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Tuesday, 9 March 1971
Page: 755

Mr Keating asked the Minister for Health, upon notice:

(1) What amount was' spent by the Commonwealth on medical research ito 'each of the last 10 years. . . . ..:

(2) How much of those amounts ' was allocated in each of those years for research into the causes df and cures for (a)' heart disease and (b) cancer diseases.

(3) Can he say what organisations are undertaking research into the causes and cures of these complaints.

(4) If so, how are the activities of these bodies or organisations financed.

Dr Forbes The answer to the honourable member's question is as follows:

(1) The Commonwealth contribution to medical research is provided through three main channels. Firstly, grants to the universities, including the total support for the John Curtin School of Medical Research at the Australian National University; secondly, grants through the National Health and Medical Research Council (and to a lesser extent, the Australian Research Grants Committee); and thirdly, the support of research in Government and para-government institutions, including the School of Public Health and Tropical Medicine at the University of Sydney, the Commonwealth X-Ray and Radium Laboratory in Melbourne, the Commonwealth Acoustic Laboratory and the Commonwealth Serum Laboratories Commission.

Detailed figures on total medical research expenditure in Australia during the past 10 years are not available. However the National Health and Medical Research Council has _ undertaken several surveys since 1962 to determine trends .in medical research expenditure and from these surveys the following information is available. These figures relate only to. direct costs of individual research projects.


From these figures it is evident that the Commonwealth contribution to medical research is considerable and continuing to increase relative to other sources, such' as ' Stale Governments and private research funds.

There are other funds, not included in the NH and MRC surveys, provided by the ''Commonwealth which are difficult to estimate but which also directly or indirectly add to Commonwealth support of medical research. These include capital costs of buildings and laboratories, universities, hospitals, and research institutes; housekeeping, costs of maintenance and services including insurance, administration and library. The Commonwealth funds are also made available for attendance at international .and local scientific conferences.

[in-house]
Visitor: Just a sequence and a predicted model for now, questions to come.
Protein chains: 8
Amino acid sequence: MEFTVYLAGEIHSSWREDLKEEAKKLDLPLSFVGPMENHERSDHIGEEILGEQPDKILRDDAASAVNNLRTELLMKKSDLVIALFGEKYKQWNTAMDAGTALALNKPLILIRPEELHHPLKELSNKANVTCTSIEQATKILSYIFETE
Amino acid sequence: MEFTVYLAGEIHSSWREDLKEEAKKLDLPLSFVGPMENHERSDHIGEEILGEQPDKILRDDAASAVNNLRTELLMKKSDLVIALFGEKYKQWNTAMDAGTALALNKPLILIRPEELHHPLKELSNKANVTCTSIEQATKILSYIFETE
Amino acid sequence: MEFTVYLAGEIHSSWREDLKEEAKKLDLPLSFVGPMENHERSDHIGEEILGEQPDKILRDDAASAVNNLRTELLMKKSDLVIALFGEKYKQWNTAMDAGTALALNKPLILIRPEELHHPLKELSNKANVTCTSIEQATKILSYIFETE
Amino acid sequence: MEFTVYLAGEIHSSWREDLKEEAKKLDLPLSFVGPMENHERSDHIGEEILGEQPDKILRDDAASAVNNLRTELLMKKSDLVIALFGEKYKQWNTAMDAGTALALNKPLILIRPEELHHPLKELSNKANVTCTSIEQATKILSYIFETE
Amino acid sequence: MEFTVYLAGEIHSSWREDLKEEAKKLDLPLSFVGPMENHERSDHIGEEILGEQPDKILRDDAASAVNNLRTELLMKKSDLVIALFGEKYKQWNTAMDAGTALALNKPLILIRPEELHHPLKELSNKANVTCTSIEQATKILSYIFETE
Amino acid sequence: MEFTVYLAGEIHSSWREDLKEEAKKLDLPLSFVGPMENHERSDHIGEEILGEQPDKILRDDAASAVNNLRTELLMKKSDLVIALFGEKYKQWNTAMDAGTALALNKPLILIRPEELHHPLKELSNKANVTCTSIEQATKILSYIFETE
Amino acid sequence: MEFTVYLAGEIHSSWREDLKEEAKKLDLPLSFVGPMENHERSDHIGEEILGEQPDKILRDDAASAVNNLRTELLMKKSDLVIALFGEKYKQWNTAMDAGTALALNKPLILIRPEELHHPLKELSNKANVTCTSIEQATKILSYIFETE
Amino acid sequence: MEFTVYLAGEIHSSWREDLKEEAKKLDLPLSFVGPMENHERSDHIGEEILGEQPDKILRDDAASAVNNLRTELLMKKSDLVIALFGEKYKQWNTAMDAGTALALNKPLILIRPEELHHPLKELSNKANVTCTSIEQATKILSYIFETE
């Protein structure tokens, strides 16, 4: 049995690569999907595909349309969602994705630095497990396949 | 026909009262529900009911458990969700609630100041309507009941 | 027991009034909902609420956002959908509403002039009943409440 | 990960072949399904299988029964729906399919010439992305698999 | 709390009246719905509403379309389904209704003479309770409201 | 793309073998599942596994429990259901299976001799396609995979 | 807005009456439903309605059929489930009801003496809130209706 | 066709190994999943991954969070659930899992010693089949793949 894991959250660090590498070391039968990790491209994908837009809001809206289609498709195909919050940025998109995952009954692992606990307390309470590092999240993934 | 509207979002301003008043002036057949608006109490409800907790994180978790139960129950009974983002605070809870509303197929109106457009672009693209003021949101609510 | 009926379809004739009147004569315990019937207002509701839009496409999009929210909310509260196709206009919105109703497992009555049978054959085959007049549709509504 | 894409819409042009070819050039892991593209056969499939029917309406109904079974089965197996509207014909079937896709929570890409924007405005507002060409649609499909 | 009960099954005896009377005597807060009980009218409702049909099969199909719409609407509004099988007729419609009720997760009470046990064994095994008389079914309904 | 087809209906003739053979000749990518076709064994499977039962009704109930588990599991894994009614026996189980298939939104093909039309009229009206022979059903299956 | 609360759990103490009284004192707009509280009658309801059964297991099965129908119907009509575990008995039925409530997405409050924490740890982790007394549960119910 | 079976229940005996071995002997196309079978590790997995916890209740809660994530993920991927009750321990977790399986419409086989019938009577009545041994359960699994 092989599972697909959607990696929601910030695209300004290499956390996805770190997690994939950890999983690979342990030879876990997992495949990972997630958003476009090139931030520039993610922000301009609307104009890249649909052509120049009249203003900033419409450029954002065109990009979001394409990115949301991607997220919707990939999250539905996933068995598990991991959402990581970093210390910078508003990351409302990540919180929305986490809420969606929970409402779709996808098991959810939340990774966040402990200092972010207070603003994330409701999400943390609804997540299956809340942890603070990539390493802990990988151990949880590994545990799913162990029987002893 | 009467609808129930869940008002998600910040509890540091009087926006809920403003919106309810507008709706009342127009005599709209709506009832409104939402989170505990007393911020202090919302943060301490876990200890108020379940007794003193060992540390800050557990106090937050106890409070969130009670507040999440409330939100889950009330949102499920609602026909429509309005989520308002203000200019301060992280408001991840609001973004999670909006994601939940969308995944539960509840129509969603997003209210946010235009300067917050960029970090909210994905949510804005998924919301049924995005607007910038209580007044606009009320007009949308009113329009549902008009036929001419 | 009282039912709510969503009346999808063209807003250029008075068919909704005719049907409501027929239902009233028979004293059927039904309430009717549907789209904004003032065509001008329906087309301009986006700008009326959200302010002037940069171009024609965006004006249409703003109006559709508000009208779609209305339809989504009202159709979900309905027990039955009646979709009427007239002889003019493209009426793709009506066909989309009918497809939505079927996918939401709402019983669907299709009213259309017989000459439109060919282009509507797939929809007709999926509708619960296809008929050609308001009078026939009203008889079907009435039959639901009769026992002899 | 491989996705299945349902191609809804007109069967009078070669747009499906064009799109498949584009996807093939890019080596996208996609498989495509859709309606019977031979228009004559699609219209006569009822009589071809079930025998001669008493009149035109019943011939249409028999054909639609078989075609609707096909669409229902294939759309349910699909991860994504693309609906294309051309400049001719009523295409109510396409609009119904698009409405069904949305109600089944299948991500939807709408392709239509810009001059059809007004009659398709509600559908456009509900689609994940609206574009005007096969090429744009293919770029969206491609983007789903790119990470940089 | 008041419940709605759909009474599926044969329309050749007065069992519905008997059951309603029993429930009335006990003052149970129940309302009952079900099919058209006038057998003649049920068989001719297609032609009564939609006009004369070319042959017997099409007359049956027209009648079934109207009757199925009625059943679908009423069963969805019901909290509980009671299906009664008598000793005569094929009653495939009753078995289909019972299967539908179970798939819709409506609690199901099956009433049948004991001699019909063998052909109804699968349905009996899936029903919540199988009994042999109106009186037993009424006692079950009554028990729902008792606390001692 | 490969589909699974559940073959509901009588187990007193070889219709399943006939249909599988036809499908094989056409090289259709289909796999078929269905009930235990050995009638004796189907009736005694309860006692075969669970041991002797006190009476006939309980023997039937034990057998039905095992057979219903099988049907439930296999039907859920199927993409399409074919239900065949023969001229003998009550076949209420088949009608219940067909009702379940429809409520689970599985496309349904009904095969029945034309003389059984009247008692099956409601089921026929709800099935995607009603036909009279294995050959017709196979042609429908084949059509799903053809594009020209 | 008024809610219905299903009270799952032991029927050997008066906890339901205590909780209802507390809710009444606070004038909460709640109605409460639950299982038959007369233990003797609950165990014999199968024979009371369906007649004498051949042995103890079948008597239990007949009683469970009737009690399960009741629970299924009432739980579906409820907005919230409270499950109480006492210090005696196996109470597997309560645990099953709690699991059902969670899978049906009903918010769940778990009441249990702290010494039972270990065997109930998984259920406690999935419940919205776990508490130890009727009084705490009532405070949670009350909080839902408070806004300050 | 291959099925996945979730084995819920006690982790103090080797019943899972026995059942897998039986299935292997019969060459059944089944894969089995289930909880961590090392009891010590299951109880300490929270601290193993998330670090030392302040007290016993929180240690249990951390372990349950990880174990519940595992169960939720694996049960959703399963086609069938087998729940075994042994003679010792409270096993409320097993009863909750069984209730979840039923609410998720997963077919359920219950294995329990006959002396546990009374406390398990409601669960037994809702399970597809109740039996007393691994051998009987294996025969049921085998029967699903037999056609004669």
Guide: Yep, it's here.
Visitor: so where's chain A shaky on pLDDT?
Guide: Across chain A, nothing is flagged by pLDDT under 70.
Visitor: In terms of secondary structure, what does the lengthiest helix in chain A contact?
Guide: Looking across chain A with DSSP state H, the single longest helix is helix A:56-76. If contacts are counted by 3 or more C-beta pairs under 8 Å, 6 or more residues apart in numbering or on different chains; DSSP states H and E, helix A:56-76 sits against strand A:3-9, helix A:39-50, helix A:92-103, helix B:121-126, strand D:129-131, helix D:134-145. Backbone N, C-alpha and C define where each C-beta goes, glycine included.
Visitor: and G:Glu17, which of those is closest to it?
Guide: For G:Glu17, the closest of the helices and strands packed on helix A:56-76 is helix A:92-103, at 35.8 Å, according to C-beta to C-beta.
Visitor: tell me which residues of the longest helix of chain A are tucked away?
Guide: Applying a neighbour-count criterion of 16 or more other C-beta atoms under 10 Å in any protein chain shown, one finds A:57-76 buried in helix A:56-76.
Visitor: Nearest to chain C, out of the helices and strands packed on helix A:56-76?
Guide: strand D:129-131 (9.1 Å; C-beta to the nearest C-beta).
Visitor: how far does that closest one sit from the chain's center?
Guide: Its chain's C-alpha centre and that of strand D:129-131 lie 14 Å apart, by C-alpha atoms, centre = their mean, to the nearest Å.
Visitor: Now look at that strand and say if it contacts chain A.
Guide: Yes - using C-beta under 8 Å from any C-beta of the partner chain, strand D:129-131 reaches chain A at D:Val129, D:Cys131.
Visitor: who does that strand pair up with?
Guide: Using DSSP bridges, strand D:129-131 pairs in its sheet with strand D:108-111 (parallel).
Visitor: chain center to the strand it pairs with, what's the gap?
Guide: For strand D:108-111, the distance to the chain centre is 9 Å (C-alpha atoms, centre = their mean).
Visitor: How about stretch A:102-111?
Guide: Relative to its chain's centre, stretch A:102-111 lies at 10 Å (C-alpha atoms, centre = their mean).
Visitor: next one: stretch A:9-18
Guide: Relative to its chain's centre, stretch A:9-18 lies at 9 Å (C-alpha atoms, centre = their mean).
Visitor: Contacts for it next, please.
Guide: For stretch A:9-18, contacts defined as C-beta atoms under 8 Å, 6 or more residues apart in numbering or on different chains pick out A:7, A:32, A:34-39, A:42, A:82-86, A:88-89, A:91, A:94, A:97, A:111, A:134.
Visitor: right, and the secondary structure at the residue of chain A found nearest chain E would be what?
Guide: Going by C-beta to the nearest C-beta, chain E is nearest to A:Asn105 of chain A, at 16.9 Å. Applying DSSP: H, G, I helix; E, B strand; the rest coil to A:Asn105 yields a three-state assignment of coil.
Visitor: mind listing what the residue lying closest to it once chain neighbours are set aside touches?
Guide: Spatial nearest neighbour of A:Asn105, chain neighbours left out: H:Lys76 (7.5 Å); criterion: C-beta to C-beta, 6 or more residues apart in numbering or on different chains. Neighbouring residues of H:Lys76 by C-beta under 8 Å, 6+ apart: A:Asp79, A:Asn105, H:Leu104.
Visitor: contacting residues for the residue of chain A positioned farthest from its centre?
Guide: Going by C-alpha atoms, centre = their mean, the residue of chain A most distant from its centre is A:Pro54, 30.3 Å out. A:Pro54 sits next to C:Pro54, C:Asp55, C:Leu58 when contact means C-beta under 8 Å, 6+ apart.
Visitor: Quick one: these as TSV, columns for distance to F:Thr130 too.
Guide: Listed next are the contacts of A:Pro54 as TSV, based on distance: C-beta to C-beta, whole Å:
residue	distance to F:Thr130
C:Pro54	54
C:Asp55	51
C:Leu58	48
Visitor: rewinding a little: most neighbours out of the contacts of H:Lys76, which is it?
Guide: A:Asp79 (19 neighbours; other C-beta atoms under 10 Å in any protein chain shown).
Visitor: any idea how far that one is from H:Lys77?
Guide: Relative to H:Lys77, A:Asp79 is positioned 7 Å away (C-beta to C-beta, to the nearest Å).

Australia contributes $135,000 per annum to the International Agency for Research on Cancer and some proportion of $775,000 contributed annually by Australia to the World Health Organisation is used to support medical research. Another major contribution by the Commonwealth to medical research is in the area of taxation exemption for donations to private medical research foundations.

(2) The National Health and Medical Research Council is currently undertaking a survey of all medical research being undertaken in Australia and when this data is analysed more precise information should be available on the distribution of medical research funds in the fields of heart disease and cancer, lt is realised that much of this research is basic research which could have applications to many areas of medicine and cannot at this basic level be clearly differentiated into work on specific disease processes. However, . it has been estimated that the current expenditure on research primarily directed towards the control of cancer would be approximately $750,000 per annum, and for research into cardiovascular disease about $1,000,000 per annum. Approximately 50 per cent of these funds would be provided by Commonwealth assistance.

(3) The National Health and Medical Research Council is the main Commonwealth body supporting research into heart disease and cancer. Other bodies include the National Heart Foundation and the Life Insurance Medical Research Fund of Australia and New Zealand for research into heart disease and the Anti-Cancer Councils in the various Slates for Cancer research.

(4) The National Health and Medical Research Council grants are financed through the Medical Research Endowment Fund which receives a triennial appropriation from Parliament; for the triennium 1970-72 this appropriation is in excess of $6m. The Heart Foundation and Life Insurance Fund are private organisations funded by public subscription or from commercial sources. The Anti-Cancer Councils are financed principally by public donations and support from State Governments.

In conclusion it is important to realise that much of our medical research in Australia is conducted by university teaching staff and by hospital or laboratory medical staff as part of their normal work or practice, without special allocation of research funds. The full cost, of this part-time research cannot be computed separately. . ,

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